Thursday, 26 February 2015

Retired Introverts

I woke up this morning (a good thing!) thinking about retirement now that I have reached my one-year anniversary and realized I am still learning how to be retired.

My first observation in the wee hours - retirement is like starting a new job.  New employees don't start out as the expert on Day One - it takes time for them to figure out the "corporate" culture and how they can maximize their position and contribution within their new surroundings.

Because I am a researcher/analyzer type of person, I naturally spent many hours digging into other's comments - written or spoken - on how they "do" retirement.  Like the new employee, I took to heart most of those comments and felt pulled in many different directions.  I pulled back and hid out for awhile (thankfully no one fired me!) and feared I would fade into the woodwork permanently those first few months.  This morning, I read an article about introversion - one of those "13 ways to make the introvert in your life feel loved" kind.  Thank goodness these two blogs together finally shot a dose of realism and clarity into my blood stream.  Made me look at how I was loving the introvert within my own skin!

Without the distraction of a busy work schedule, I have been embracing my introversion in a way I feel I couldn't while being the best in my work of choice.  Work pushed me into social situations where I learned to be the extrovert social diva to promote and educate and market - all at a cost to my energy and motivation to do more and more.  Fortunately, these times were balanced out with my other tasks that tied me to the computer, working within my comfort zone, writing and crunching numbers!  Ah!  Balance!

Take me out of the "have to" scenario and I flounder - like a fish out of water!  Give me eight months and I finally figure out I am not a fish after all!  The guilt surfaced - how my social activity was being sidelined, even avoided at times.  Wise words (some of them mine!) reverberated in my head:

"You need friends - girlfriends, couple friends, casual friends and especially face-to-face friends."
"Get involved in the community.  Volunteer.  Bake cookies.  Go to events."
"Go to the local coffee shop and meet people. Walk up to a table of seniors with an empty chair or two and ask if you can join them."
"Walk around your neighbourhood.  Talk to people.  Get to know their names."

Can I just say that some of this was great advice and some of it was even great advice for me, but some of it (go to a coffee shop!) made my throat constrict in terror!

My moment this morning realized that my happiness quotient goes up when I stay true to myself,  being authentic within my own heart.  I have taken up solo types of activities like painting and writing to my heart's content.  Learning to paint works - joining a class gives me the kind of beneficial social connection I love while I pursue my creative side.  Joining a writing group puts me in a whole group of introverts! Knowing this even encouraged me to venture out and make my first meeting with them a lunch in a restaurant before I had even met one person!  Volunteering looks different for me than the cooking, baking, kind that I think many of my advisers had in mind.  I volunteer at the local art gallery, meeting and greeting complete strangers but in a setting that houses one of my passions - art.  Instant conversation starter plus I can capitalize on my "being in charge" character from years of management.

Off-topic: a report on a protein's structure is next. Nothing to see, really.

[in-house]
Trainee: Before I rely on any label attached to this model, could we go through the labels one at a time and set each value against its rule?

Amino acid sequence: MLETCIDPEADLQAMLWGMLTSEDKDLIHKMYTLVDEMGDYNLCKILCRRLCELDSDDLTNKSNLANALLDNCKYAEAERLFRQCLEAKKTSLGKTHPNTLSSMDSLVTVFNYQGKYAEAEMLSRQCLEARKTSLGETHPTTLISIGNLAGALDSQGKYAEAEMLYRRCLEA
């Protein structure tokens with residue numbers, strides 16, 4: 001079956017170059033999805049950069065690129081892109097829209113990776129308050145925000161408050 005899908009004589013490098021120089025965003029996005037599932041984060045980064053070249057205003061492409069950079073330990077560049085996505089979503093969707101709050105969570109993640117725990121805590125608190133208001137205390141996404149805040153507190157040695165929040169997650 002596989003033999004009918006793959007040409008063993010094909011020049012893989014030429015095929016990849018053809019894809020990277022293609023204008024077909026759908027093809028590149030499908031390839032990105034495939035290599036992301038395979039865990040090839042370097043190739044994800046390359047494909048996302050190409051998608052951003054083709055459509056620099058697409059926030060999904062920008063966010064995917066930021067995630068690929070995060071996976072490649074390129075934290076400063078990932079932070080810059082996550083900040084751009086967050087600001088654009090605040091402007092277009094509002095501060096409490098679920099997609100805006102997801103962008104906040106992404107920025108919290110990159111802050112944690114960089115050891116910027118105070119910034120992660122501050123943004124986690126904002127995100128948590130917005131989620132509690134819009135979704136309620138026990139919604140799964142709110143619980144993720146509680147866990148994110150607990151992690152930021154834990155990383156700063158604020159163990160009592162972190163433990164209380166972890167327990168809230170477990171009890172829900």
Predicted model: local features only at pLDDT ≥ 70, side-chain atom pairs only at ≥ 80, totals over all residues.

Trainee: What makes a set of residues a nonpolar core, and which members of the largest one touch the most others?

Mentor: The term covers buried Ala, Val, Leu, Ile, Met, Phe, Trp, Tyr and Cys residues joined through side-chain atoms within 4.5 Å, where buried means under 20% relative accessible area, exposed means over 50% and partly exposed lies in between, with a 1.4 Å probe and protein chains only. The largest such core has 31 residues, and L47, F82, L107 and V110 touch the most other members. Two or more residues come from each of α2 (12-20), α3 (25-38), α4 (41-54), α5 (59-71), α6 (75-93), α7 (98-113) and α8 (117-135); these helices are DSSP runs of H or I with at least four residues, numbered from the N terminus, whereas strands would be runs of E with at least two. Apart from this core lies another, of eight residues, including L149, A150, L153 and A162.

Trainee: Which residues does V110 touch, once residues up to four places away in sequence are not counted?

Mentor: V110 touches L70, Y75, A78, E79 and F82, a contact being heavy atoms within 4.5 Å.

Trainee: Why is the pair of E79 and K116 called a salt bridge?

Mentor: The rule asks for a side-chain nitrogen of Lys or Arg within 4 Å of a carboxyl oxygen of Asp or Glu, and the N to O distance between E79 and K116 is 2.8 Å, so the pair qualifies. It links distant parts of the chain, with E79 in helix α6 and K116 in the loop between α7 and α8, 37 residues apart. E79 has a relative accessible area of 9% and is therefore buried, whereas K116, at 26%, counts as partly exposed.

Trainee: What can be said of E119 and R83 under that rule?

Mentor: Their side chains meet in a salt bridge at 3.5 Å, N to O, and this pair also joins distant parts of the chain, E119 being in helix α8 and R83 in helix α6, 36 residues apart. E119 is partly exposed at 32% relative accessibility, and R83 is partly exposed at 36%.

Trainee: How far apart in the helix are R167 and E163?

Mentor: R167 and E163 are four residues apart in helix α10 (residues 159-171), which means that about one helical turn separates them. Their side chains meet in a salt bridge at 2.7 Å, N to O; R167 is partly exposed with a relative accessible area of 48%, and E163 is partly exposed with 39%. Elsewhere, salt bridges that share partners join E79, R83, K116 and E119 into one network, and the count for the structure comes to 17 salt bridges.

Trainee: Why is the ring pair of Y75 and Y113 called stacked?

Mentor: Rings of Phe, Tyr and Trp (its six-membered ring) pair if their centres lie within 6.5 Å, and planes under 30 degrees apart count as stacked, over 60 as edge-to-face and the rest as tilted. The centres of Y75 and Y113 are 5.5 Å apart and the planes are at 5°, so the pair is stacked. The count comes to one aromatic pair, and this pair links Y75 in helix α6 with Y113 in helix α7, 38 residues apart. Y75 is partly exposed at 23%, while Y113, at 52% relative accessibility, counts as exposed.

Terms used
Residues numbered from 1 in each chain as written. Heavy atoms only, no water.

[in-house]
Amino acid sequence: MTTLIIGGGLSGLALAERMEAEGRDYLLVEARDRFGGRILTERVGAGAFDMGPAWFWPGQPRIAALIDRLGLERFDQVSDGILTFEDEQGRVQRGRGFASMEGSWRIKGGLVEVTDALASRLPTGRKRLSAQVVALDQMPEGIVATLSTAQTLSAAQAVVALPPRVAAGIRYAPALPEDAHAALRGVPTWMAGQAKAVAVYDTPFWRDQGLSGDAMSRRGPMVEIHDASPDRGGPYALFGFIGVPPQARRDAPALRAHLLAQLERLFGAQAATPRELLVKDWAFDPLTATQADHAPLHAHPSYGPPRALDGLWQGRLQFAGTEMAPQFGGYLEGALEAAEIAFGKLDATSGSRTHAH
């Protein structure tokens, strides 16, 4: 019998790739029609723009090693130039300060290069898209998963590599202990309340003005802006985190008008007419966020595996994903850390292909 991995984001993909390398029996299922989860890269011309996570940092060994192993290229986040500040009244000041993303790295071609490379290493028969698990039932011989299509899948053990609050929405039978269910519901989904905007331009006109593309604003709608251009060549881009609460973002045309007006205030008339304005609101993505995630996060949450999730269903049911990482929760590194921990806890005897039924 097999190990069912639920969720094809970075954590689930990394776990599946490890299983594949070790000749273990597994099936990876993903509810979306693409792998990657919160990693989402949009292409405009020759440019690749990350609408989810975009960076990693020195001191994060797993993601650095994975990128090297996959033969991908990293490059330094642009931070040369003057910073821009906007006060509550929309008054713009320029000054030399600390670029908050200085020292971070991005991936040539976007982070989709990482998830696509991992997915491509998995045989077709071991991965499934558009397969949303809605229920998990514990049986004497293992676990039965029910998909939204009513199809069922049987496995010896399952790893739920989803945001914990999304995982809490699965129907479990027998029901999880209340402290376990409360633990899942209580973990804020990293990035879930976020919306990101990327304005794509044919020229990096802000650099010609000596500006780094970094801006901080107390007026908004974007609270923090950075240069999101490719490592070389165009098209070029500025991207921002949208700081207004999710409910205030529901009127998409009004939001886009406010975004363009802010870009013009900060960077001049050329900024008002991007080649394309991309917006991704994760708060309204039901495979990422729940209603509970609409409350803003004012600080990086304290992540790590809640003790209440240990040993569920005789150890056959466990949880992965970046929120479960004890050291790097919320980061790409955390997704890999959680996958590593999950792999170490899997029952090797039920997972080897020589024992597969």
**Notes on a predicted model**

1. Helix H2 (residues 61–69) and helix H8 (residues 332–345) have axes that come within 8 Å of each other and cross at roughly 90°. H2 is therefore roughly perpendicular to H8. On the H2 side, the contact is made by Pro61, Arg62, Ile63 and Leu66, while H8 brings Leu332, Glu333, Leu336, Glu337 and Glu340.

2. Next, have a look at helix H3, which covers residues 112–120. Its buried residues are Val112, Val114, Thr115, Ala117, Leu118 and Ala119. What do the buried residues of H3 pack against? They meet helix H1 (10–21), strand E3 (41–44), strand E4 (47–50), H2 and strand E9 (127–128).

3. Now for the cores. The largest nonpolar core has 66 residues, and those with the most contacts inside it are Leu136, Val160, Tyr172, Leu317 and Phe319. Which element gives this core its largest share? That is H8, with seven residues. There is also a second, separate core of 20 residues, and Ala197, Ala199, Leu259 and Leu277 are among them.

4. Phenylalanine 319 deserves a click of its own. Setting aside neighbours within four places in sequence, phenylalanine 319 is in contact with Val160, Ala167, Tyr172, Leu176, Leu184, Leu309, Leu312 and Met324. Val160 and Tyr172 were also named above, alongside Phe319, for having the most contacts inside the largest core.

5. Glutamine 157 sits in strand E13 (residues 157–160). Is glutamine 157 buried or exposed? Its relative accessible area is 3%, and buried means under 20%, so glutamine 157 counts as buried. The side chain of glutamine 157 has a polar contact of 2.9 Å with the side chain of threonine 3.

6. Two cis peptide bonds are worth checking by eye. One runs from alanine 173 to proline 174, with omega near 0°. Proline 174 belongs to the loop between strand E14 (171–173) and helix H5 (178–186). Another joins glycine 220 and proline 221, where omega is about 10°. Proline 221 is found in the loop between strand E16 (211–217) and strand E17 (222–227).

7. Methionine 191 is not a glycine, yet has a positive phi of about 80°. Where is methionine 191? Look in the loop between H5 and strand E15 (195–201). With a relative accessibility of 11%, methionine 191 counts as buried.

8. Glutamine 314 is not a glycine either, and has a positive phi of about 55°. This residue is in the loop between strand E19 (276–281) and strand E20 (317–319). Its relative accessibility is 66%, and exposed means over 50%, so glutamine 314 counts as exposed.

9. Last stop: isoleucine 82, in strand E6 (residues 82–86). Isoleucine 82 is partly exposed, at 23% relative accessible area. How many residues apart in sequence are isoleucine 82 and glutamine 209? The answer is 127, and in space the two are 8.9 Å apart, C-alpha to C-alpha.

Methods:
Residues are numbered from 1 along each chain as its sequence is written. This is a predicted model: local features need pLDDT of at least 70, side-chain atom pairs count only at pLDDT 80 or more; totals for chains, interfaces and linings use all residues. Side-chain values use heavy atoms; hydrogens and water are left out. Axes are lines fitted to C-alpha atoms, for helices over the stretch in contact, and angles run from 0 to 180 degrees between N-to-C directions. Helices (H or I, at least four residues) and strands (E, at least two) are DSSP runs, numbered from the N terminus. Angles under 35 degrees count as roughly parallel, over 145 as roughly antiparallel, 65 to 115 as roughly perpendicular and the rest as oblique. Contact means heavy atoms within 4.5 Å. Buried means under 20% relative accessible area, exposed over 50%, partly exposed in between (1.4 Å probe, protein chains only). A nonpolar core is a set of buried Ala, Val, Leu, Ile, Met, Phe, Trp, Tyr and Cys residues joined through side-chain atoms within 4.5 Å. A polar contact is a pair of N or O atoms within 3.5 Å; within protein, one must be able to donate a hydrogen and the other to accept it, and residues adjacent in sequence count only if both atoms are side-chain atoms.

Social activity is very important, but it looks different for everyone.  Just like the many home choices (style and location), travel ideas (mode and destination) and financial situations (frugal or on the edge!) differ from one to the other.  Retirement is not a destination but a continuation of the life you started sixty or so years ago - true to character with lots of room to grow and explore and finally with the time and opportunity to relax into it.

Retirees don't morph into something they are not, but for this retiree, at least, they continue to become who they really are.  Free time opens up the opportunity to explore some of those neglected corners of a busy, working, parenting life and infuse light, life and colour back into them.  I was a child who loved to create, read, write and hang out with a few special friends.  I am again that child - just a little wiser and freer to pursue all of this and more!


  1. It's all a process, isn't it? I was always pretty outgoing and now I savor the quiet time alone. I discovered I'm an introvert with occasional extrovert tendencies, and I'm fine with that. It's peaceful.

    1. Hi Barb, So true. I seek balance - a little outlandish laughter always balances out my solo pursuits.

  2. Ah, the best gift of retirement! Having the time, space, and quiet to sort out who we really are. I read Quiet when it first came out and it gave me the freedom to be a happy introvert in a society that wants us to be anything but - for the first time in more than fifty years! I too, preferred a quiet, reflective, book filled childhood but was perpetually pushed into the opposite. So grateful to be at home in myself once again. Great post!

    1. Hi Dorothy, Thank you so much for your comment. It is certainly freeing when we can let go and just be who we are rather than try to fit around everything else that pushes and prods in other directions. Welcome HOME! :)

  3. Very well said. I hadn't seen it put that way before: not only becoming more of who you are - but that not one size social interaction for an introvert fits all (in retirement or even before retirement). I shall start considering what will work for me. Of course, your volunteer position in the art gallery is brilliant for SOME of us introverts.
    -Jim Koster


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